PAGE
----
Coinfection with hepatitis B and C virus (HBV/HCV) combined with risky alcohol consumption enhances liver damage mechanisms to a greater extent in women than in men, according to a recent study in PLoS One.
Hepatitis infection and risky drinking are major risk factors for liver disease, and coinfection with both HBV and HCV is more likely to progress to cirrhosis than single infections. Pooled data from 2 national surveys in Italy allowed the estimation of interactions among alcohol intake, HBV infection, and HCV infection on cirrhosis risk by gender.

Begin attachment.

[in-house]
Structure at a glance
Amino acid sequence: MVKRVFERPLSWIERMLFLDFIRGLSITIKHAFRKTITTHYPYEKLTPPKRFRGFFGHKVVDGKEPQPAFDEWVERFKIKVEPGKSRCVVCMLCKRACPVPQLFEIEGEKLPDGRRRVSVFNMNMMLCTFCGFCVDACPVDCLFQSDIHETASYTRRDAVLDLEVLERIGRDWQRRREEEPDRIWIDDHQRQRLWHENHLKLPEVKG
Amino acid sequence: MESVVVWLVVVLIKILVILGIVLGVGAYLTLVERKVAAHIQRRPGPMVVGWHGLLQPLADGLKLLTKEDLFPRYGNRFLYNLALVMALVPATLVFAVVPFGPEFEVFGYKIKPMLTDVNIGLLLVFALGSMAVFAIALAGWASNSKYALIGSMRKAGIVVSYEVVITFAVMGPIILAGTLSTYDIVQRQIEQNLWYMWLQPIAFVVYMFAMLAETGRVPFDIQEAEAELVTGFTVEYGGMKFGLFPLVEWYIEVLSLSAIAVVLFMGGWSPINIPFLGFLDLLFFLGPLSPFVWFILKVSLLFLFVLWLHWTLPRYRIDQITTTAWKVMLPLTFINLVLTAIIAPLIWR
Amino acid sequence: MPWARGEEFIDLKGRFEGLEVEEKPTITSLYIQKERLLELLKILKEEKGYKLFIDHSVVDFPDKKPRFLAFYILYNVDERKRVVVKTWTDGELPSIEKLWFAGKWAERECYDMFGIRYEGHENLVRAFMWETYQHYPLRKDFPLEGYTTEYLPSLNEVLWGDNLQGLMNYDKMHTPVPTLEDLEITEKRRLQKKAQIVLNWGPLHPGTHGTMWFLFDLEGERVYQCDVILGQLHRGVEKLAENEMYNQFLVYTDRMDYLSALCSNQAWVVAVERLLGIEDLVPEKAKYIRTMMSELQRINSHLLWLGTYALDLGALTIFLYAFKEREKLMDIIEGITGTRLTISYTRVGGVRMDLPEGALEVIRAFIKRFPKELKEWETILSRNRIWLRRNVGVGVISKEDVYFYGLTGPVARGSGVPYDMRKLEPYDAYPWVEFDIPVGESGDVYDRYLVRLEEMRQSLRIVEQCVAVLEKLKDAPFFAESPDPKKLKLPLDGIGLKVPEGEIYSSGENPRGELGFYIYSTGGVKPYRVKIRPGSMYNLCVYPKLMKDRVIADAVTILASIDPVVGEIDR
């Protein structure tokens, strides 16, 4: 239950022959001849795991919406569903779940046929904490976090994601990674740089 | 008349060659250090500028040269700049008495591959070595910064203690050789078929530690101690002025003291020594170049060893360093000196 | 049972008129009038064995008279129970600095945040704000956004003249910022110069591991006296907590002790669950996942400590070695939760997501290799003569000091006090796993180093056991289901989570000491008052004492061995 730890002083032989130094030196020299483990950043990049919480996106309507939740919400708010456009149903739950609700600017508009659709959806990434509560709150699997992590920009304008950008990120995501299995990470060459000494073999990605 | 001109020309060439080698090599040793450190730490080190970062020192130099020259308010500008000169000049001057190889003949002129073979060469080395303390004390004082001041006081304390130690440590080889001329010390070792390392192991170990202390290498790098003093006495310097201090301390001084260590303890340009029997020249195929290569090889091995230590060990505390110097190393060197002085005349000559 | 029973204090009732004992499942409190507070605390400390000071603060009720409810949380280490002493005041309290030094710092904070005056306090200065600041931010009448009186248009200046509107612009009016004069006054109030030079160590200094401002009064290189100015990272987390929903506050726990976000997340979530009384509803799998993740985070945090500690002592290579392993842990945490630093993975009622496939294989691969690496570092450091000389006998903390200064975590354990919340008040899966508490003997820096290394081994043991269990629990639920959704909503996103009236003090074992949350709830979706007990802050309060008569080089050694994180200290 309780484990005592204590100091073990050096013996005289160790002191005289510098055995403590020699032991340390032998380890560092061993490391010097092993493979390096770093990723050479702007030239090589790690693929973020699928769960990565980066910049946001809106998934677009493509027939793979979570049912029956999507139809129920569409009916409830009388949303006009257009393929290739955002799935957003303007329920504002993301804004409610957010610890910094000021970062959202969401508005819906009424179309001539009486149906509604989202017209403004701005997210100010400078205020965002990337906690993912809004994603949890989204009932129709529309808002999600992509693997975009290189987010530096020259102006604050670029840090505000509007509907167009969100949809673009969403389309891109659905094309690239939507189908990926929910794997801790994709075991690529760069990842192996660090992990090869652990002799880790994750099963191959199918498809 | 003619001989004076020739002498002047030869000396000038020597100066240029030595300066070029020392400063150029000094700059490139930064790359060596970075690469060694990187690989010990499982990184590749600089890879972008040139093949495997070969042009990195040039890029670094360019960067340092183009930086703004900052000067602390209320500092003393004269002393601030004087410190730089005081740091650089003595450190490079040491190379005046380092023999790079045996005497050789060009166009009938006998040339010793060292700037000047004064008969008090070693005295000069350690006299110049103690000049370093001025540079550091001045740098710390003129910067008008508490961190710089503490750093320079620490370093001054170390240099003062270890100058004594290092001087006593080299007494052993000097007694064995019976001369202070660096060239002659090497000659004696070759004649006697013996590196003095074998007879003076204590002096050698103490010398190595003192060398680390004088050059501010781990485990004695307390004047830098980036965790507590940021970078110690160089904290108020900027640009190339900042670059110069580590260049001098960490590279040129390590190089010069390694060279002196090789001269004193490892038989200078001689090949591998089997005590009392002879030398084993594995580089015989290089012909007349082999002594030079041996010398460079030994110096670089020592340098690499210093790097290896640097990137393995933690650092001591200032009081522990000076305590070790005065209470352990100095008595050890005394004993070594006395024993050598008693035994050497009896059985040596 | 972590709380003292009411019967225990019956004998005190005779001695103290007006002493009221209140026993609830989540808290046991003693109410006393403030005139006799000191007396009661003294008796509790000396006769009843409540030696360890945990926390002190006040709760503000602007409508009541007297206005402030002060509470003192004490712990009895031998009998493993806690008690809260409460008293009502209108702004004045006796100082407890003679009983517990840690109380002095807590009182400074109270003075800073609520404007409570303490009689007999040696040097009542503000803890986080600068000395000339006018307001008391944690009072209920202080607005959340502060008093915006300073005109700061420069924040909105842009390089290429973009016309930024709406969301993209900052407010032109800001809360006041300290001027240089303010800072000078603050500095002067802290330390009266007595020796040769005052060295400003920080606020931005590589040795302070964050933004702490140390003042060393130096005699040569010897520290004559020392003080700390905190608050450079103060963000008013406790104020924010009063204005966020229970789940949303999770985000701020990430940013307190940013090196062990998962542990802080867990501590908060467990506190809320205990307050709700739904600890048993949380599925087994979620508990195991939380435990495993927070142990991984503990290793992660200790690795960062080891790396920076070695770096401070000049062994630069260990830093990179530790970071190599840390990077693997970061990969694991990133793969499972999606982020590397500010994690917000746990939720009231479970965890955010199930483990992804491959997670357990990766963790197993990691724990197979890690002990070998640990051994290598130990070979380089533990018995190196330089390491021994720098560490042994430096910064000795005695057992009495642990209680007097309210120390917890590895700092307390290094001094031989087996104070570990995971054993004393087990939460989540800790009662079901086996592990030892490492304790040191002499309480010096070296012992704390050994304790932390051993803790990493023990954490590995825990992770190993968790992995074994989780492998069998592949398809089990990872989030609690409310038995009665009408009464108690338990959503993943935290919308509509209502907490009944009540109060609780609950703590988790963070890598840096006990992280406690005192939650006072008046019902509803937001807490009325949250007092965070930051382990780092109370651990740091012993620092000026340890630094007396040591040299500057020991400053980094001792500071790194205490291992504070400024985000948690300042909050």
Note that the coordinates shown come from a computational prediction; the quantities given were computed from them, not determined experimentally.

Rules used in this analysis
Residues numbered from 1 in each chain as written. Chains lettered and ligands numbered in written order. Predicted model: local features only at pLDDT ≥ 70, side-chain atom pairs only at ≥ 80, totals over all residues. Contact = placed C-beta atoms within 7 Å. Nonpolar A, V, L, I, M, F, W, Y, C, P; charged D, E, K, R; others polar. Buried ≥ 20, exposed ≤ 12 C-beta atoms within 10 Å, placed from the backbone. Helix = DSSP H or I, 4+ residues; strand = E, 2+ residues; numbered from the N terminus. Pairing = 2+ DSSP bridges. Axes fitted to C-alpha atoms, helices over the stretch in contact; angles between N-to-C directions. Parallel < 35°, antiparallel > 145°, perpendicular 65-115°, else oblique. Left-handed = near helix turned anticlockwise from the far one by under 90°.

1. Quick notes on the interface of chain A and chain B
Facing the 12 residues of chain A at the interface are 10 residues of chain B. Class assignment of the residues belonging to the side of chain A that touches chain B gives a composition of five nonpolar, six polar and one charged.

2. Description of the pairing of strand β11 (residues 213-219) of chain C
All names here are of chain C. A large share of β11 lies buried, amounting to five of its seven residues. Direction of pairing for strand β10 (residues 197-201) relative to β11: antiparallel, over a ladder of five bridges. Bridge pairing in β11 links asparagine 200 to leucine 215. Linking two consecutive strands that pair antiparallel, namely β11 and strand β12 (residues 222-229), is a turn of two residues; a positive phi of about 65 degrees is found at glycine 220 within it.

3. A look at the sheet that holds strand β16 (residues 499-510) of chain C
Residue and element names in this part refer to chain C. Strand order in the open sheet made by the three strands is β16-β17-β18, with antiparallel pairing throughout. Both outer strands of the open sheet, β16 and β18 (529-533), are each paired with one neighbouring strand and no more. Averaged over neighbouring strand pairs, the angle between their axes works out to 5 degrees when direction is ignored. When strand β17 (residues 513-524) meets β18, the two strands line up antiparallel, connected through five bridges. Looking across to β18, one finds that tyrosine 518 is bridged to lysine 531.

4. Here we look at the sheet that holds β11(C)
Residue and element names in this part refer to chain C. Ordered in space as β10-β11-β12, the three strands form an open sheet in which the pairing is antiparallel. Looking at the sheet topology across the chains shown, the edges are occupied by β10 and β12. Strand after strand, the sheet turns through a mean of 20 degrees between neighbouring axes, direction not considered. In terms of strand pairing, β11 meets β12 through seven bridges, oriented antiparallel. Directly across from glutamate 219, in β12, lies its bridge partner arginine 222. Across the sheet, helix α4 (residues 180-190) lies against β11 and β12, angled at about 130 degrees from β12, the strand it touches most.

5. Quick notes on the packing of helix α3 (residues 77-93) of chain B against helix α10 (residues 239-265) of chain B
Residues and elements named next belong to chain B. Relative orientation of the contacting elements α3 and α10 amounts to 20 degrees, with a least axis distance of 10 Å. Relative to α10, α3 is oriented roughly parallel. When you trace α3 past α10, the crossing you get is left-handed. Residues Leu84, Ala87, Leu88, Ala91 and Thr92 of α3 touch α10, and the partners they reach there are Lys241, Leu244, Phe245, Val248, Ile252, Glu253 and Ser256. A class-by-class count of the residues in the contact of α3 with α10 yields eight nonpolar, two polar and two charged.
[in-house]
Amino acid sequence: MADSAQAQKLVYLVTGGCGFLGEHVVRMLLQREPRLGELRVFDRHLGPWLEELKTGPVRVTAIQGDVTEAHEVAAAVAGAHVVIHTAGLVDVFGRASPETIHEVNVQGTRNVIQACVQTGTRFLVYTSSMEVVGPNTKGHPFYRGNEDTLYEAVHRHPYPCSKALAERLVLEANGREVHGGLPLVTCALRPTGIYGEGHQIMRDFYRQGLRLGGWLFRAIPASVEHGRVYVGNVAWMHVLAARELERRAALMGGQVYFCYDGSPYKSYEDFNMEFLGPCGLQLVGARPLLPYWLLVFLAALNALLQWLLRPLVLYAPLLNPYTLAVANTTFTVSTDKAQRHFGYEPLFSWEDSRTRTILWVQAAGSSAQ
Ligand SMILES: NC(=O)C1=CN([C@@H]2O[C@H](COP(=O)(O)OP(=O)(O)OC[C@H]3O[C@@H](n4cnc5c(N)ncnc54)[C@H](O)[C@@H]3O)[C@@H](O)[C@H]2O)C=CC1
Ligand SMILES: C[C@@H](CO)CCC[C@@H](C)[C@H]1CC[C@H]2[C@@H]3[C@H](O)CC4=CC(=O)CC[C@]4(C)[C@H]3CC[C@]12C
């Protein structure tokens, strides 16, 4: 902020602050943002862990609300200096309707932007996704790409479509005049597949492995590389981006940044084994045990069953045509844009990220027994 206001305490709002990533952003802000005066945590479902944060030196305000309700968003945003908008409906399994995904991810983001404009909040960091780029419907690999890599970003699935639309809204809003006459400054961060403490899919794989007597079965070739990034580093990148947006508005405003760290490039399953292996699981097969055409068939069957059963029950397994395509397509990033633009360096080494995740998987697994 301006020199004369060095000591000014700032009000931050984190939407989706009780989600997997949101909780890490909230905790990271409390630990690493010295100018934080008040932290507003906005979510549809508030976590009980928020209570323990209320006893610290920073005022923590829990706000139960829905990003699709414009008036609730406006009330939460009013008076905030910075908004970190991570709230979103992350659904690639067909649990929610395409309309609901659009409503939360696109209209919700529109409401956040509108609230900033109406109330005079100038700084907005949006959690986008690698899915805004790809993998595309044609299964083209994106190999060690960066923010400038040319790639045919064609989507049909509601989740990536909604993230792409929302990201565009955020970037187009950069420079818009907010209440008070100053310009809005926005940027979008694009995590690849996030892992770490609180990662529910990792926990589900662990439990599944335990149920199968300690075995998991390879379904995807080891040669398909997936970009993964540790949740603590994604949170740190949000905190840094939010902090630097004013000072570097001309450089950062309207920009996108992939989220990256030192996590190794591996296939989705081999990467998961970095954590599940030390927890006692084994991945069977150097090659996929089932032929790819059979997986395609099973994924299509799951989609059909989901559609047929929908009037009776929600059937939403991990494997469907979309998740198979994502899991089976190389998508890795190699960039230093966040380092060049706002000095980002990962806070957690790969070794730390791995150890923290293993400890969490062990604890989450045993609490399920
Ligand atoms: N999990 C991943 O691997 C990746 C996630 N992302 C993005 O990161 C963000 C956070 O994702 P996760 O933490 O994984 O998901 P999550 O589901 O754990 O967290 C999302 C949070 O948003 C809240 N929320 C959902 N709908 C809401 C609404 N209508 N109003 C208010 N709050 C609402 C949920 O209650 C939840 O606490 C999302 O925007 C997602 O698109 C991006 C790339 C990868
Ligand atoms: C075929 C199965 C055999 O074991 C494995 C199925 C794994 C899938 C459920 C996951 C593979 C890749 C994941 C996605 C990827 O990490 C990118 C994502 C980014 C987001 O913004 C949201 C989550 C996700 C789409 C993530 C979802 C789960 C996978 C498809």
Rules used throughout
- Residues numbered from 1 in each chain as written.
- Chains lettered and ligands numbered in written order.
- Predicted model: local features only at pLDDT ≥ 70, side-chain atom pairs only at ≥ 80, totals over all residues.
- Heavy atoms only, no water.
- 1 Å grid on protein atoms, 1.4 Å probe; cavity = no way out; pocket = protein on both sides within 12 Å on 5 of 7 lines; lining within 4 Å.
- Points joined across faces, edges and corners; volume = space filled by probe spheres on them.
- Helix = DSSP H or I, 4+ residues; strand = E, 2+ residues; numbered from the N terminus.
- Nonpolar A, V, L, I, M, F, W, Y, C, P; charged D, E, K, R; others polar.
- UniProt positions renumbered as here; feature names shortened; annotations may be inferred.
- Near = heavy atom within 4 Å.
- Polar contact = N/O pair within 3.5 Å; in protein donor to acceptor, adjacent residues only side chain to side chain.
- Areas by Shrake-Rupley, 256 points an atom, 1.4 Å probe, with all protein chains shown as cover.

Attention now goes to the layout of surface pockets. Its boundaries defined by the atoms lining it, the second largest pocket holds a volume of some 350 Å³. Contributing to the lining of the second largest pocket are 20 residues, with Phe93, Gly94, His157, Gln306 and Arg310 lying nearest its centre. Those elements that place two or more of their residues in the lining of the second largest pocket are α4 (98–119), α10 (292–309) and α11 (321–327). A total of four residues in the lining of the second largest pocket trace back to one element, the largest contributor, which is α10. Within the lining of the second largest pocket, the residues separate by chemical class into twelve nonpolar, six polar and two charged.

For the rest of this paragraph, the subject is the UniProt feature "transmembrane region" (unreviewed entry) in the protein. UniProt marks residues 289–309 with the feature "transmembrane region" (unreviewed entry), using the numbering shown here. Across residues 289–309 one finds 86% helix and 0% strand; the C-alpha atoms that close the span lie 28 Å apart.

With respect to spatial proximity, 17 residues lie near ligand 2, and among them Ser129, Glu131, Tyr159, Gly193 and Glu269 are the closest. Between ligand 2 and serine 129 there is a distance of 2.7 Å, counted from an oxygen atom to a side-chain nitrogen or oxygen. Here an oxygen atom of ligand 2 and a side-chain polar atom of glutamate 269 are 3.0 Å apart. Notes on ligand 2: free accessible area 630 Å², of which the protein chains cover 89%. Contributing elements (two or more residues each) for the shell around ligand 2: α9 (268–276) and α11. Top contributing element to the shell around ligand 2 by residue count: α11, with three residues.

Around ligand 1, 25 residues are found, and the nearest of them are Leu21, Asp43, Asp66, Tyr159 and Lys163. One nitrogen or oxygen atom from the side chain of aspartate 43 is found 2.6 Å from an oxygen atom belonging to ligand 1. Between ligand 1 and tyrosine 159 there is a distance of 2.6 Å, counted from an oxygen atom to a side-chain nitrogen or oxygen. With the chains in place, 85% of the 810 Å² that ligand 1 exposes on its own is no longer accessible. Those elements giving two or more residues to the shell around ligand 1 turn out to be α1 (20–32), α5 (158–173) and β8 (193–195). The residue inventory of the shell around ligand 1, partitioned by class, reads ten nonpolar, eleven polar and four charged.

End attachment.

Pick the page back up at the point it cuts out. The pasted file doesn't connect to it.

The additive effects of HBV, HCV, and risky alcohol use on the risk for cirrhosis may be explained by both virus and alcohol stimulation of hepatic-oxidative stress or by effects of alcohol on the immune system. The researchers concluded that, “females are at higher risk for liver cirrhosis than males and deserve a more careful surveillance.”
Stroffolini T, Sagnelli E, Andriulli A, et al; EPACRON study group. Sex difference in the interaction of alcohol intake, hepatitis B virus, and hepatitis C virus on the risk of cirrhosis. PLoS One. 2017;12:e0185710.